Weekly Brief: What Happens In China Doesn’t Stay In China

Weekly Brief: What Happens In China Doesn’t Stay In China

over 2 years ago3 mins

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China’s government has been at odds with a host of its sectors lately, but this latest crackdown on the real estate market might prove that what happens in China doesn’t stay in China.

🕰 Recap

  • China’s serious about tackling the chronic issues in its property sector, which makes up around 30% of the country’s economy
  • But a drastic slowdown in the sector is bound to lead to a drastic slowdown in the country’s economic growth rate
  • All at a time when manufacturing activity in China suffered its first official contraction since the beginning of the pandemic
  • That led several investment banks to cut their growth forecasts for the Chinese economy

✍️ Connecting The Dots

China has long been the biggest engine of global growth: according to a study by the International Monetary Fund (IMF), China accounted for 28% of worldwide growth from 2013 to 2018 – more than twice that of the US. And according to calculations from Bloomberg, the country’s expected to contribute more than one-fifth of the total increase in the world’s economic output over the next five years. But with short and long-term headwinds to contend with, there’s no guarantee that it’ll live up to those lofty expectations.

Headwinds like the supply chain issues that China’s manufacturing sector – one of the main drivers of the country’s economic recovery this past year – is struggling with, along with fuel shortages and forced production cuts due to government emissions targets. All those factors conspired to push September’s manufacturing activity into its first official contraction since the start of the pandemic, which might partly be why investment banks Goldman Sachs and Nomura recently slashed their 2021 growth forecasts for the Chinese economy from 8.2% to 7.8% and 7.7% respectively.

Separately, the Chinese government is taking a very tough stance to reduce debt levels in the property sector and rein in a chronic oversupply of residential real estate. That’s likely to lead to a significant drop in property investment and construction and, in turn, a dramatic slowdown in China’s property sector, which makes up around 30% of the country’s economy. That has the potential to depress economic growth for years to come, bringing to an end the Chinese “growth miracle” experienced over the past three decades.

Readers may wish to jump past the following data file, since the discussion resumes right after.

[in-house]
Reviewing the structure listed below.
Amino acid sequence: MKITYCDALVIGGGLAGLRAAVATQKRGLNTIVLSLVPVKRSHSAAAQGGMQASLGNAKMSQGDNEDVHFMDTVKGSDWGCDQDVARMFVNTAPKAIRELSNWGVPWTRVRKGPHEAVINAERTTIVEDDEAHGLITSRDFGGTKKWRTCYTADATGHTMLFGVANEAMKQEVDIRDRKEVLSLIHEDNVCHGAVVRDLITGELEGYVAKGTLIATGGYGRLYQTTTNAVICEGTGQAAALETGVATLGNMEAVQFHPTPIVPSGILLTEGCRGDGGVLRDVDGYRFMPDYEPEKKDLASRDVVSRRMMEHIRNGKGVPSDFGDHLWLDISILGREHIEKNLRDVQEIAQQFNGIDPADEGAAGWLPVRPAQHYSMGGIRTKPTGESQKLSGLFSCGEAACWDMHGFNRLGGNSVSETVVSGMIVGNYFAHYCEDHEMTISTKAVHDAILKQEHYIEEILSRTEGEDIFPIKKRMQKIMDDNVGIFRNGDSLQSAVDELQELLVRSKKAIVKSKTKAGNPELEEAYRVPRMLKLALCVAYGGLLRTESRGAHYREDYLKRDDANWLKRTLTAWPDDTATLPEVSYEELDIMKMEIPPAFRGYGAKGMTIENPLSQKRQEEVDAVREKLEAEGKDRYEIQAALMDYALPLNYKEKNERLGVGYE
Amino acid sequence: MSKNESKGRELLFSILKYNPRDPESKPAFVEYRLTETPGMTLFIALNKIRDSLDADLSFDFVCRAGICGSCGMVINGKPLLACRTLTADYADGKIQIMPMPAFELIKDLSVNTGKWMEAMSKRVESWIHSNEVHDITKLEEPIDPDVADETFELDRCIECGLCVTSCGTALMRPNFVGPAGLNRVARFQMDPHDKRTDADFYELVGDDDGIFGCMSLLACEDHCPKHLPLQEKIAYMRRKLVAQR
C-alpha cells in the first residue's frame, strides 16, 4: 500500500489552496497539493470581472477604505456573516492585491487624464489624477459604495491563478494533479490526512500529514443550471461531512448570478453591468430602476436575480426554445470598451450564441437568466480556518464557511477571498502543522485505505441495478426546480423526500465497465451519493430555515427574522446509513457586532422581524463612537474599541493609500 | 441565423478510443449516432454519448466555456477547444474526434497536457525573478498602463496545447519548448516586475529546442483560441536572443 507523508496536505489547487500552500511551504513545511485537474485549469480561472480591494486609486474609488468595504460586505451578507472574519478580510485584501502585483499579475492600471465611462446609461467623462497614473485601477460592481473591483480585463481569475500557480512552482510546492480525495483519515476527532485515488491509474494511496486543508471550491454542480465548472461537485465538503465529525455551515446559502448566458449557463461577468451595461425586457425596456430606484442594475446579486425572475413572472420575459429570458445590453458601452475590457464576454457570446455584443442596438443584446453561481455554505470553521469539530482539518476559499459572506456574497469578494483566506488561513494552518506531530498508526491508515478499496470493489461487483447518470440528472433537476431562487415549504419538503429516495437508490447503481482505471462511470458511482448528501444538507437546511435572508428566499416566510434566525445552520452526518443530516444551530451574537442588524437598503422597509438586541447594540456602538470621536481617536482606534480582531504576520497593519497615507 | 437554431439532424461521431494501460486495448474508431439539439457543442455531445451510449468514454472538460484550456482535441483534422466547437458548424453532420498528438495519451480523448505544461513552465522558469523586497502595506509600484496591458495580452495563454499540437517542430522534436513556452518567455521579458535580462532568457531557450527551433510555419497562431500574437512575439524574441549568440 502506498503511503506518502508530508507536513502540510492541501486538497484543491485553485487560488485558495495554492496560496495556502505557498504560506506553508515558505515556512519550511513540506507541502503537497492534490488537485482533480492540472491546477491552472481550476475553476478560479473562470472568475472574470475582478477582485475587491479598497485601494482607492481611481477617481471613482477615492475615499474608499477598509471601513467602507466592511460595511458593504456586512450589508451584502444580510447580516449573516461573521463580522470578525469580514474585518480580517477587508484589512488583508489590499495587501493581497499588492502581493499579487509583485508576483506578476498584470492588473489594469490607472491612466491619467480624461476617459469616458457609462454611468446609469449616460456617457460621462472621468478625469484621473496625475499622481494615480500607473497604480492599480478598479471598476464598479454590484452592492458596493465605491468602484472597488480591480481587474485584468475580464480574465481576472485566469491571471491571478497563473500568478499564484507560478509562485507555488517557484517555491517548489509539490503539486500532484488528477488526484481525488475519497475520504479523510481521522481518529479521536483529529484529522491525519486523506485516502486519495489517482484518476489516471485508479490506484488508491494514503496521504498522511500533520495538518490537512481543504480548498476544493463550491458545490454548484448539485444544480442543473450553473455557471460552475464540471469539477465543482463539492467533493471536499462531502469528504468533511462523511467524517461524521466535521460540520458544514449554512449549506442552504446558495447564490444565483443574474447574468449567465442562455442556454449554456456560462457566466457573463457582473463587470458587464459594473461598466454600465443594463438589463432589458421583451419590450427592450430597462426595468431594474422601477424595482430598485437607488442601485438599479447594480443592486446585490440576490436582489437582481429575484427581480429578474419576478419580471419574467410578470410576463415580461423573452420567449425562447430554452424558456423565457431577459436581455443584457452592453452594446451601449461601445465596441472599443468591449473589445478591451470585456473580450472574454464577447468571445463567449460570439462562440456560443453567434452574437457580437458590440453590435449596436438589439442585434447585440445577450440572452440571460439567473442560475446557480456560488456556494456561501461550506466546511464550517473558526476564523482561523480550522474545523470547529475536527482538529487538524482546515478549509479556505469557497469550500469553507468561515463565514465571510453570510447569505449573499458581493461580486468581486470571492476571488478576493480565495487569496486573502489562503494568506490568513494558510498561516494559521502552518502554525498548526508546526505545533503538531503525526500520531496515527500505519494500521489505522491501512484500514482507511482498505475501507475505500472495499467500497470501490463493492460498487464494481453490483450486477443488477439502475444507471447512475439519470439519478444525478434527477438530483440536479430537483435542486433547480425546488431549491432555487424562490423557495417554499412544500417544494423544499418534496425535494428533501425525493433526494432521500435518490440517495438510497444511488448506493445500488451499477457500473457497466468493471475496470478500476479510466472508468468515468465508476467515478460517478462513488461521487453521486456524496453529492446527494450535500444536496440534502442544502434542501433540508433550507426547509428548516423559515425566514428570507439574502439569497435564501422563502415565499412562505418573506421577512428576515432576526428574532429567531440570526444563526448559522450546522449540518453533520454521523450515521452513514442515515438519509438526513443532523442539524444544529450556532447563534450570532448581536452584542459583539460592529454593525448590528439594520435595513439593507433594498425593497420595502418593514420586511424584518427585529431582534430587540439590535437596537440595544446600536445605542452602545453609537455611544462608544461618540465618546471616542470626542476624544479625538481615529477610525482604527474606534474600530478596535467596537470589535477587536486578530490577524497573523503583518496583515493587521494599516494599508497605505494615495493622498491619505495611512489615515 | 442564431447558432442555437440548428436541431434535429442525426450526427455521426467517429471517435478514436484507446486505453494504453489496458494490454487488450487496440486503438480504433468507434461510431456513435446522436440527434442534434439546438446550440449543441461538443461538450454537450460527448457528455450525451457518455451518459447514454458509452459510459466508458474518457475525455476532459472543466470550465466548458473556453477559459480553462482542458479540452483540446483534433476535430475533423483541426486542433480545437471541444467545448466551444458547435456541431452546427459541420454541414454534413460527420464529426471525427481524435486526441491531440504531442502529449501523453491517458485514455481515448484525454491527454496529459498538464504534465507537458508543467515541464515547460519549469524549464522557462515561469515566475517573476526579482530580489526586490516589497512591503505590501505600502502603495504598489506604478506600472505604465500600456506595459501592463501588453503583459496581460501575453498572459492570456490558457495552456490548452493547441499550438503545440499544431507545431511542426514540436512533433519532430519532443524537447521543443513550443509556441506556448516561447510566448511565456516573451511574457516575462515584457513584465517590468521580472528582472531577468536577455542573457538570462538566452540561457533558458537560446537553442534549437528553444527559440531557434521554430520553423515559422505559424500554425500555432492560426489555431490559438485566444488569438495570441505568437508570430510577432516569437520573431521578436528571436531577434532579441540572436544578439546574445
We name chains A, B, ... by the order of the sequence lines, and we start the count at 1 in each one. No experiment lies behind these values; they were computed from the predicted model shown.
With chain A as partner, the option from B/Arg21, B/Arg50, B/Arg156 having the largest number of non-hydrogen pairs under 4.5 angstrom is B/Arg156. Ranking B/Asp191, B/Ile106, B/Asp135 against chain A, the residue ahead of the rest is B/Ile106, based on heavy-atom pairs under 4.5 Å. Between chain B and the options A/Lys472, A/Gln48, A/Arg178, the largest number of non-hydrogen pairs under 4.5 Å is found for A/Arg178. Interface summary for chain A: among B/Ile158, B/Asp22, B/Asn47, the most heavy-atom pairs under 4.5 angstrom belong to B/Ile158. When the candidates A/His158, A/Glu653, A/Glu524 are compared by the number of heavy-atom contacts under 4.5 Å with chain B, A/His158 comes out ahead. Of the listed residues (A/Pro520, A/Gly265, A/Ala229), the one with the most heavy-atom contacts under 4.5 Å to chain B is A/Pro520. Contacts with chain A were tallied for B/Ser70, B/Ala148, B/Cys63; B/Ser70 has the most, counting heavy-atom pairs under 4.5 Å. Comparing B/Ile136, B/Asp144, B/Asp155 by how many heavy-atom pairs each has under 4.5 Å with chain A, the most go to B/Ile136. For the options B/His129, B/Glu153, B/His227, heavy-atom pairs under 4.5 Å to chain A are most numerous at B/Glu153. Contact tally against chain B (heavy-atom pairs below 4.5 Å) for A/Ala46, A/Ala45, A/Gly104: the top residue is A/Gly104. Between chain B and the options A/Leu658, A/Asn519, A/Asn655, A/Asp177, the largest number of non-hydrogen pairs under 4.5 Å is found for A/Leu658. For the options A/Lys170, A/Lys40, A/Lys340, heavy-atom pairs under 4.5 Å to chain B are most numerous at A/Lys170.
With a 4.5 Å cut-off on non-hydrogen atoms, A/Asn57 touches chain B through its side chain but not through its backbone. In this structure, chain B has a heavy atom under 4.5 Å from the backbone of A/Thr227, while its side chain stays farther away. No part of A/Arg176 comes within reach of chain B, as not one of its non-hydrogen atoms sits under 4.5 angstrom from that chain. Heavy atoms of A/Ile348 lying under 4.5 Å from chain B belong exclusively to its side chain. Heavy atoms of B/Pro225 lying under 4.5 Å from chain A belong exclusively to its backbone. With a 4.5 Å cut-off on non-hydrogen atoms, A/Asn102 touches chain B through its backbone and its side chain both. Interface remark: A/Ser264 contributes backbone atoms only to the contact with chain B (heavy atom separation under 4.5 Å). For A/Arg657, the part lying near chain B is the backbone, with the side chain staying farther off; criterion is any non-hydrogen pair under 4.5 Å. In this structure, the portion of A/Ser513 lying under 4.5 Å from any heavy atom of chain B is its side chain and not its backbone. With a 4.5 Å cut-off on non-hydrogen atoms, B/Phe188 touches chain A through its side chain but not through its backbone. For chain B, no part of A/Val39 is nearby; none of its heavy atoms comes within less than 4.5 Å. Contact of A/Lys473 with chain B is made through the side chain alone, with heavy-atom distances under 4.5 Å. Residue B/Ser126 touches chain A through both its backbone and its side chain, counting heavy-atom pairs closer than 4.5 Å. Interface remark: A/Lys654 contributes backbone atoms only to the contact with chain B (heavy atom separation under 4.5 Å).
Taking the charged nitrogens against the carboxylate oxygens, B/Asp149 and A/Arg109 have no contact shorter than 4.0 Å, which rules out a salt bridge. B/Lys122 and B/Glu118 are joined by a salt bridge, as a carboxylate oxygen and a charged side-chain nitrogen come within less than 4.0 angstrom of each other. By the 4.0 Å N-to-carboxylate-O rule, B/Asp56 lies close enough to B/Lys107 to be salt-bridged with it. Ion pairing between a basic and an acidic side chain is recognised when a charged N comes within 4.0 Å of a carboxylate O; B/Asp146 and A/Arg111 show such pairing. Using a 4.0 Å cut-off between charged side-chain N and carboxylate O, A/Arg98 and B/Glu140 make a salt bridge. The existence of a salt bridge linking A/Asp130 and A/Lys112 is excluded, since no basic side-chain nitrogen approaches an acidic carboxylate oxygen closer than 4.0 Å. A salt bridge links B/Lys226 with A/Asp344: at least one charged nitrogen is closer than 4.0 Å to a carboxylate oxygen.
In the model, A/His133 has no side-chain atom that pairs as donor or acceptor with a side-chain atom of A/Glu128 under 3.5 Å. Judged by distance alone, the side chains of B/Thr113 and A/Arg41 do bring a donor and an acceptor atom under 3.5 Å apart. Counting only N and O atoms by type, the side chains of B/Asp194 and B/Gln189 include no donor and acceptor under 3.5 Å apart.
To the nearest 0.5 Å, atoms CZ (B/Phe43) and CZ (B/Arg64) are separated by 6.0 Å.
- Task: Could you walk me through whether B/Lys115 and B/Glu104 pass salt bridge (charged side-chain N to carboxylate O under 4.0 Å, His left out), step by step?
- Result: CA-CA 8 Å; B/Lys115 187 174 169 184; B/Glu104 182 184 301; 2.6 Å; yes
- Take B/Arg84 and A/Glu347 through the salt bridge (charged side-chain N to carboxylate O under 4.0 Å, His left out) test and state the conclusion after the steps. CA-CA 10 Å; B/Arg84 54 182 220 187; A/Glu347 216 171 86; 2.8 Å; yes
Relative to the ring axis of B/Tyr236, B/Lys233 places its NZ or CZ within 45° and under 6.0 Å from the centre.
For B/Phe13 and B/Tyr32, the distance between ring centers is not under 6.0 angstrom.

🥡 Takeaways

1. Won’t someone please think of the local government spending?

One big – and often overlooked – consequence of China’s declining real estate market is that it’ll lead to lower land sales by the country’s local governments. Those land sales – which were worth around $1.3 trillion last year – generate about one-third of local government revenues and are a vital funding source for big infrastructure projects. And since spending on those projects and other physical assets accounted for 43% of China’s economy last year, the dwindling ability of local governments to spend on infrastructure has the potential to knock Chinese growth off balance.

2. You might want to swap China for India.

Results of a poll out this week showed that 12% of professional investors are planning to slash their investments in Chinese assets – three times as many as when the survey was last conducted in 2019. And if BNP Paribas is to be believed, those investors should be reallocating their investments to India. The investment bank reckons companies will increasingly diversify their supply chains away from China in favor of India, which will help boost the third-biggest Asian economy’s manufacturing sector and, in turn, its economic growth. That bodes well for the country’s asset prices.

🎯 Also On Our Radar

Netflix made its first ever acquisition of a video game developer, Night School Studio, this week. It’s all part of the streaming giant’s efforts to expand into gaming, with plans to make video games a part of its subscription with no ads or in-app purchases. The hope is that the new features will give the firm another way to win customers over and keep the ones it already has, but time will tell if that’ll actually amount to anything…



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